When the Lights Came on Again All Over the World

Spectator - August 2001

Spectator — August 2001

By Tom Fexas

When the Lights Came on Again All Over the World
The state of the American pleasureboat industry during WWII.
 More of this Feature
• Part 1: Lights
• Part 2: Lights continued
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Sunday, December 7, 1941: A day of infamy and the day of my christening at a Greek Orthodox Church in Astoria, New York. As I lay there naked, kicking and screaming while some big, scary guy with a long beard in a puffy robe and funny hat dunked me in a little pool of water, someone burst into the church with the big news. The Japanese had attacked Pearl Harbor, plunging the United States into war with them and that funny little guy with the spastic right arm and the Fuller brush mustache.

As it turned out, America was lucky. Our aircraft carriers happened to be out to sea at the time of the attack, and while Admiral Yamamoto got all of our battleships, it turned out that battleships were obsolete anyway–although no one knew it at the time. Major sea battles in World War II would be fought using aircraft, as opposed to past battles in which huge, armored battlewagons faced off and pounded each other into oblivion using their big guns.

When America entered the war in 1941, nearly all recreational boat manufacturers turned their production to wartime projects. Chris-Craft and Owens built landing barges, Elco built its famous PT boats, Trumpy built air/sea rescue craft, and countless other builders produced small war craft such as service boats, submarine chasers, and utility craft. New pleasureboats would not be built again until 1946.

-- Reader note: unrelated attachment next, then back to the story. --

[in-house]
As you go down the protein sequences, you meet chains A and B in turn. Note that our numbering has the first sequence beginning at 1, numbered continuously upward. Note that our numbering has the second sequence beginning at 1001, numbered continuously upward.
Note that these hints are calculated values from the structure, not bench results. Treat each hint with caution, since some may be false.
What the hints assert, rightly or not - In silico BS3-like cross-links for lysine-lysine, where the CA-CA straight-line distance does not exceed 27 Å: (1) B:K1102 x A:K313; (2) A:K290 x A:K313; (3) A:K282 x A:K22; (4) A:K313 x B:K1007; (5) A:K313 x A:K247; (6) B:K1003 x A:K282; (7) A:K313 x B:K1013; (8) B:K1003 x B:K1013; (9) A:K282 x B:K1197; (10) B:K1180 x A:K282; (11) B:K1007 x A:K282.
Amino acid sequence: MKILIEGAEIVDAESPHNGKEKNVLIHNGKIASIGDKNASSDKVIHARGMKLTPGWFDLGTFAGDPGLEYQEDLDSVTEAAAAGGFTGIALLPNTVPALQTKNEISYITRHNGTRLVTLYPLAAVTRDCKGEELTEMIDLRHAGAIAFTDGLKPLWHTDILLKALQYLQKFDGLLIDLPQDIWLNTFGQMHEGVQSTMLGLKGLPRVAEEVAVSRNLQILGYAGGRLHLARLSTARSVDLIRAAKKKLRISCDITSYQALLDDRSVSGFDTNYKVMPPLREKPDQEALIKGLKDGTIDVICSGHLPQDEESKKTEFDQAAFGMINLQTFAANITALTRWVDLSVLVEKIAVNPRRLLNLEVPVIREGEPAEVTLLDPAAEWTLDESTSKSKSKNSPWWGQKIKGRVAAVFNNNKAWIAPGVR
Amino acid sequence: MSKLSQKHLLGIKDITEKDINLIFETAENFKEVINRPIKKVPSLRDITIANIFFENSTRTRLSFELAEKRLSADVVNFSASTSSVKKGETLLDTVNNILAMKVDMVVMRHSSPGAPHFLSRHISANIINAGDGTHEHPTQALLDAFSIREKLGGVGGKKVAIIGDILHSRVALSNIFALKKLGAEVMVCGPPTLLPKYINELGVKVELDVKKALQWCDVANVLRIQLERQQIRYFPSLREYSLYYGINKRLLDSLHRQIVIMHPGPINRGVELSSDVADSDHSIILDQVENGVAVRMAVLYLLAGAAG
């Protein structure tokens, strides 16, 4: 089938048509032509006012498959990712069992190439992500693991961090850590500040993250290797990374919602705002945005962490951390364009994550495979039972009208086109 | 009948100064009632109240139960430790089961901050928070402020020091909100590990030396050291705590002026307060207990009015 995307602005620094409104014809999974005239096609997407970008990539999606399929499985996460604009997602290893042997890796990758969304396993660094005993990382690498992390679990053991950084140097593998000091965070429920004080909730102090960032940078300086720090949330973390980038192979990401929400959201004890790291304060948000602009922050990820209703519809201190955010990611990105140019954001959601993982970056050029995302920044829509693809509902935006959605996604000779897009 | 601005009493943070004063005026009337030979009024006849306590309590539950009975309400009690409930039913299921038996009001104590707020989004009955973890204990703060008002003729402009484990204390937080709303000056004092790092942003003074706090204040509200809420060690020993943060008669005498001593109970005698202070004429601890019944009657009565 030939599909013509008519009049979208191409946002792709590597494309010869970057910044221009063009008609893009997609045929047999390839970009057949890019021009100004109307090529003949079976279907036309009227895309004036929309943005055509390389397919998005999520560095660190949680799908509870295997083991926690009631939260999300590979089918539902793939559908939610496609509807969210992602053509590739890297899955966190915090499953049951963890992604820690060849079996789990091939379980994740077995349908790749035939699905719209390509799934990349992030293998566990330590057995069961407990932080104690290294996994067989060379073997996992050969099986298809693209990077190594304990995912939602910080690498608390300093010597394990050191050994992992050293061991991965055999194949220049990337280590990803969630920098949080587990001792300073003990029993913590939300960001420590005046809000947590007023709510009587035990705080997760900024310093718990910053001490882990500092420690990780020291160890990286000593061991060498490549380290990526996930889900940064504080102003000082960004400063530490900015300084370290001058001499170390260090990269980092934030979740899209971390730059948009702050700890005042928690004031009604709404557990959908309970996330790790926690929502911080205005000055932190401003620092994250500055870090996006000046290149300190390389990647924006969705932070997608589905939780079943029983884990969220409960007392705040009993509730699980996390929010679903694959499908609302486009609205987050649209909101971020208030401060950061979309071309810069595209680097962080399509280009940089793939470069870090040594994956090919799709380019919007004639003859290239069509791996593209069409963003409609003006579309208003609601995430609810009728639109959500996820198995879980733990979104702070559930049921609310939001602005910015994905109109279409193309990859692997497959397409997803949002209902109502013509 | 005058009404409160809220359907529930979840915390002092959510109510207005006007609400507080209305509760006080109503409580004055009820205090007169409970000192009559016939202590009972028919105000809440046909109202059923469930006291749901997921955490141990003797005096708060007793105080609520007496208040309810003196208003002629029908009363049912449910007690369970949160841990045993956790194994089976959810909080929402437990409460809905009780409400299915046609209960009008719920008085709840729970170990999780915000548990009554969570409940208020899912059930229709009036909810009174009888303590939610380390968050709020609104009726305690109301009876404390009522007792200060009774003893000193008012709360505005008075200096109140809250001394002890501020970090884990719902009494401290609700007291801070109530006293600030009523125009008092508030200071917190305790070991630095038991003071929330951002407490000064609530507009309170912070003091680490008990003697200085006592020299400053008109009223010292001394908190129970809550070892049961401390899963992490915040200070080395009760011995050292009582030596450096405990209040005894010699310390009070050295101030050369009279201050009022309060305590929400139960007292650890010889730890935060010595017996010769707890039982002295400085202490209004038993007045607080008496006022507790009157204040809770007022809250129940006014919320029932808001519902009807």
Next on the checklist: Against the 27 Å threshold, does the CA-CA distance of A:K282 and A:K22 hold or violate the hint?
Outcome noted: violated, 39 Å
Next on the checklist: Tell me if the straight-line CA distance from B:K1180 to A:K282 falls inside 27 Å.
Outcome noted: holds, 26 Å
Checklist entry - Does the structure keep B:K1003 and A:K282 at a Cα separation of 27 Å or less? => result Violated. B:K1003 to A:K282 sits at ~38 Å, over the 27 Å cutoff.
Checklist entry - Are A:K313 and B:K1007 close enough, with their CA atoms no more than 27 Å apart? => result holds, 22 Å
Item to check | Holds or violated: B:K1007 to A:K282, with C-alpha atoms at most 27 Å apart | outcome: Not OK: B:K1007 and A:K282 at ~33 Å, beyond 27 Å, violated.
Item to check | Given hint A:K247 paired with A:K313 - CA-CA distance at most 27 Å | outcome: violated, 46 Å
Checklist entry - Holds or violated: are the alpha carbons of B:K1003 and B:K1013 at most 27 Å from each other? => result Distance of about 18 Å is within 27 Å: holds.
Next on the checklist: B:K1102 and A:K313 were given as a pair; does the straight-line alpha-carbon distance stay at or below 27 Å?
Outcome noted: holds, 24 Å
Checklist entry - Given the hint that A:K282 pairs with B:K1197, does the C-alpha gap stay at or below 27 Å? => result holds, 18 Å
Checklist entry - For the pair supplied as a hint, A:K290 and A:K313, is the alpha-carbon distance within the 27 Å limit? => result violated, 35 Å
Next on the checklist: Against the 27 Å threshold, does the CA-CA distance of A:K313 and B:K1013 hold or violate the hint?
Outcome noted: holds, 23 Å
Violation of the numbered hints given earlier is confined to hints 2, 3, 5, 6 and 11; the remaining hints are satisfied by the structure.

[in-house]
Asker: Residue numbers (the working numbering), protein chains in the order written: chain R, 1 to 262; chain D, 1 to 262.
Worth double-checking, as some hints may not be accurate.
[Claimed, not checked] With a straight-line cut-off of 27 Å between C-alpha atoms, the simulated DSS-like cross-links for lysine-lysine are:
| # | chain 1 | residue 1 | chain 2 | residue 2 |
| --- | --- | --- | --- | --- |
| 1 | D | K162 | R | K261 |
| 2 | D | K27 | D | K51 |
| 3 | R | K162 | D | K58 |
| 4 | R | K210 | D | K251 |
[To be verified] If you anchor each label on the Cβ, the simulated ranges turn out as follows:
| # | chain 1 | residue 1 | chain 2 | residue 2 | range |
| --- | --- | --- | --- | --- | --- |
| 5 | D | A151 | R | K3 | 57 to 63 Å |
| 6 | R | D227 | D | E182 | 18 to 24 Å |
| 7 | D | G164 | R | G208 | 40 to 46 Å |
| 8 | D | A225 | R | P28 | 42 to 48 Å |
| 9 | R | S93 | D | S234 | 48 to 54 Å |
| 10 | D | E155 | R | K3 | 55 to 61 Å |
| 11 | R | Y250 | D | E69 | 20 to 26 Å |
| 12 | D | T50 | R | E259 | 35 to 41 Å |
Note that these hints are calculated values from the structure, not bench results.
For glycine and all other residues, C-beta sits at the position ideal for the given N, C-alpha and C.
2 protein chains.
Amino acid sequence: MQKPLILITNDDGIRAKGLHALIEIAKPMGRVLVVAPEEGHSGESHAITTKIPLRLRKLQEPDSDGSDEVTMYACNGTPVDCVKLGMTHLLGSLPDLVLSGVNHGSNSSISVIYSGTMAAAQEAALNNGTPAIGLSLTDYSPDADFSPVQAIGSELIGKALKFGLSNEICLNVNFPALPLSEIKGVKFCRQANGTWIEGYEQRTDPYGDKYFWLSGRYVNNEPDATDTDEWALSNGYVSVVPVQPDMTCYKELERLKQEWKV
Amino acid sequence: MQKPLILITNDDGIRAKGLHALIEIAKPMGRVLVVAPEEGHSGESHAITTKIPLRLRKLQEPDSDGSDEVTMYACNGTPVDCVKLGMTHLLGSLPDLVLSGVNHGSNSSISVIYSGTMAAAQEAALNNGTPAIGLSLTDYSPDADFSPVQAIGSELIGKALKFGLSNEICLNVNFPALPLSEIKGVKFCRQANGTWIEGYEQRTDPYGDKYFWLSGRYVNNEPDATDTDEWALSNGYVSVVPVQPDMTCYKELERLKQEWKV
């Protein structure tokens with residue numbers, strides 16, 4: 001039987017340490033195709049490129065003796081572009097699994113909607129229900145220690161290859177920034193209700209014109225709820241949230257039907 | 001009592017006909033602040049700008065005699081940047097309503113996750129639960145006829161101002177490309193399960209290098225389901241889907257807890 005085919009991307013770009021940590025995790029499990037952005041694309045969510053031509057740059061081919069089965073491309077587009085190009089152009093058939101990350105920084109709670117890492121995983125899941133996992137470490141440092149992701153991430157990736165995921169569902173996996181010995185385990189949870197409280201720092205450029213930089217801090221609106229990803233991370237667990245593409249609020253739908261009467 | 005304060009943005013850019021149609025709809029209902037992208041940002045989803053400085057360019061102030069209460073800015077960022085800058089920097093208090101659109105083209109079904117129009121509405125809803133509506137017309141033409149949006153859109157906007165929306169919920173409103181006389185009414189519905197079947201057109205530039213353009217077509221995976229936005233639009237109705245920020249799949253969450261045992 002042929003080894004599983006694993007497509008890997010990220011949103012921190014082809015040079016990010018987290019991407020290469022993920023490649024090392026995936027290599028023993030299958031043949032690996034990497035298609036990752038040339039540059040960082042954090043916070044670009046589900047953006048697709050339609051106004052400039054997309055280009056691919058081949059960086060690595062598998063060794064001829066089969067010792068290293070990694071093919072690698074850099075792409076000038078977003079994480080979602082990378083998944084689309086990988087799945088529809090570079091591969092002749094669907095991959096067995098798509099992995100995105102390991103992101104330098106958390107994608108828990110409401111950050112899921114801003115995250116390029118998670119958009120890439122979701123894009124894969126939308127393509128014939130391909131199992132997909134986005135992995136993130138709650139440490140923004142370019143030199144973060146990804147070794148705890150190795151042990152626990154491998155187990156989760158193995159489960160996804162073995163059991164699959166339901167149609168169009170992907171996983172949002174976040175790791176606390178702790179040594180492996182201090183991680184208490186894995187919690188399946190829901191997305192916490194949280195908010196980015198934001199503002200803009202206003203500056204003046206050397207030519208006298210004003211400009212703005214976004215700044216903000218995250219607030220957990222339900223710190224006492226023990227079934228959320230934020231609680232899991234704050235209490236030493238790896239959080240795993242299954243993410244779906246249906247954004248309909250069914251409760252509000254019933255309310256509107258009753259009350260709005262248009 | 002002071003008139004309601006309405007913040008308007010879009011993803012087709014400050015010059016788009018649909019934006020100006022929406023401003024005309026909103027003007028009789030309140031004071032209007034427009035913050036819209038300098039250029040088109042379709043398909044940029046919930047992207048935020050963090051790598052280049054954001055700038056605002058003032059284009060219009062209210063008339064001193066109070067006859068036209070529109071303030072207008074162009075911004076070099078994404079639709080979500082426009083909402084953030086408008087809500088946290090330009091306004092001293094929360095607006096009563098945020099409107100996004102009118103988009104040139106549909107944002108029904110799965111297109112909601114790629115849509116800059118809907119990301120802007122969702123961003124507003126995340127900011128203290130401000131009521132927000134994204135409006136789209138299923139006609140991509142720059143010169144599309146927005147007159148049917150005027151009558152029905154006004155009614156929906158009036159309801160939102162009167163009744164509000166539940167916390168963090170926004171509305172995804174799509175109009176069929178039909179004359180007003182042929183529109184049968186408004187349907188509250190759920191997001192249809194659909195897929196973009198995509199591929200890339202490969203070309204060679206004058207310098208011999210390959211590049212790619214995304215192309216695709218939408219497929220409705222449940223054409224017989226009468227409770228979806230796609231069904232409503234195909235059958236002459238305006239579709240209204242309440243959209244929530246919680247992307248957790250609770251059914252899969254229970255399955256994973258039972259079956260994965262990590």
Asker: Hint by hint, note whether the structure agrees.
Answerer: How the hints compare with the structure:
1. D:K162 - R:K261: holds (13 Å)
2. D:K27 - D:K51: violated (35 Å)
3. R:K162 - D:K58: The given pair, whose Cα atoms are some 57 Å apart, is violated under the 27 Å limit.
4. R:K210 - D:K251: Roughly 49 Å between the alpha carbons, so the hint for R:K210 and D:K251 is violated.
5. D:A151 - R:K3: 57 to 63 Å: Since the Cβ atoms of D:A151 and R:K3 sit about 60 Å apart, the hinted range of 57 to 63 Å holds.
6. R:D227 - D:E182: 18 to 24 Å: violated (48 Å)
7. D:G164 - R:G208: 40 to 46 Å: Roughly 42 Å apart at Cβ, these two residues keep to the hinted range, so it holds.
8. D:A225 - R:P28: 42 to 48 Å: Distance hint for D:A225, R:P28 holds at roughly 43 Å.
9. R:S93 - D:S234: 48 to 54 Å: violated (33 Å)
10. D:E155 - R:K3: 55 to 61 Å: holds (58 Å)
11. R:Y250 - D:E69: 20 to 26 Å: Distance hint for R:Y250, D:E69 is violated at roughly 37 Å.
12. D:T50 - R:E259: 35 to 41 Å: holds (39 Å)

The beginning of the war did not look promising for the United States. Our military was in a sad state, and the Japanese were on a roll. Private boats and yachts alike were pressed into military service to patrol our shores. Manicured varnish was painted over with flat gray applied with a government-issued broom, and machine guns were bolted on deck.

Throughout all this pleasureboating magazines continued to be printed, and today, as you read through the publications from the war years, you can see optimism increasing with every issue. With no new boats to write about, most of the articles concerned craft built for the war effort. Pleasureboat builders continued to advertise, but rather than show their latest and greatest vessels, their ads were about promise and hope for better times, with grandiose visions of what would come when "the lights came on again."

Even companies that made marine equipment ran ads describing how the Army/Navy "E" flags they had earned were helping the war effort. Wyatts was building Higgins PT boats in Texas and ran an ad showing dramatic pictures of the PTs underway. The copy read, "Bottoms up to Tojo’s navy. The Jap navy is on its way…to the bottom of the ocean. These little Higgins ‘warships’ are a major factor in the wholesale slaughter now underway. As the Nips say (those who survive), ‘These mystery dragons on water come from nowhere, like lightning, shoot us with everything, and disappear to nowhere.’"

Next page > Part 2: Luggage Sales Increase! > Page 1, 2

This article originally appeared in the June 2003 issue of Power & Motoryacht magazine.

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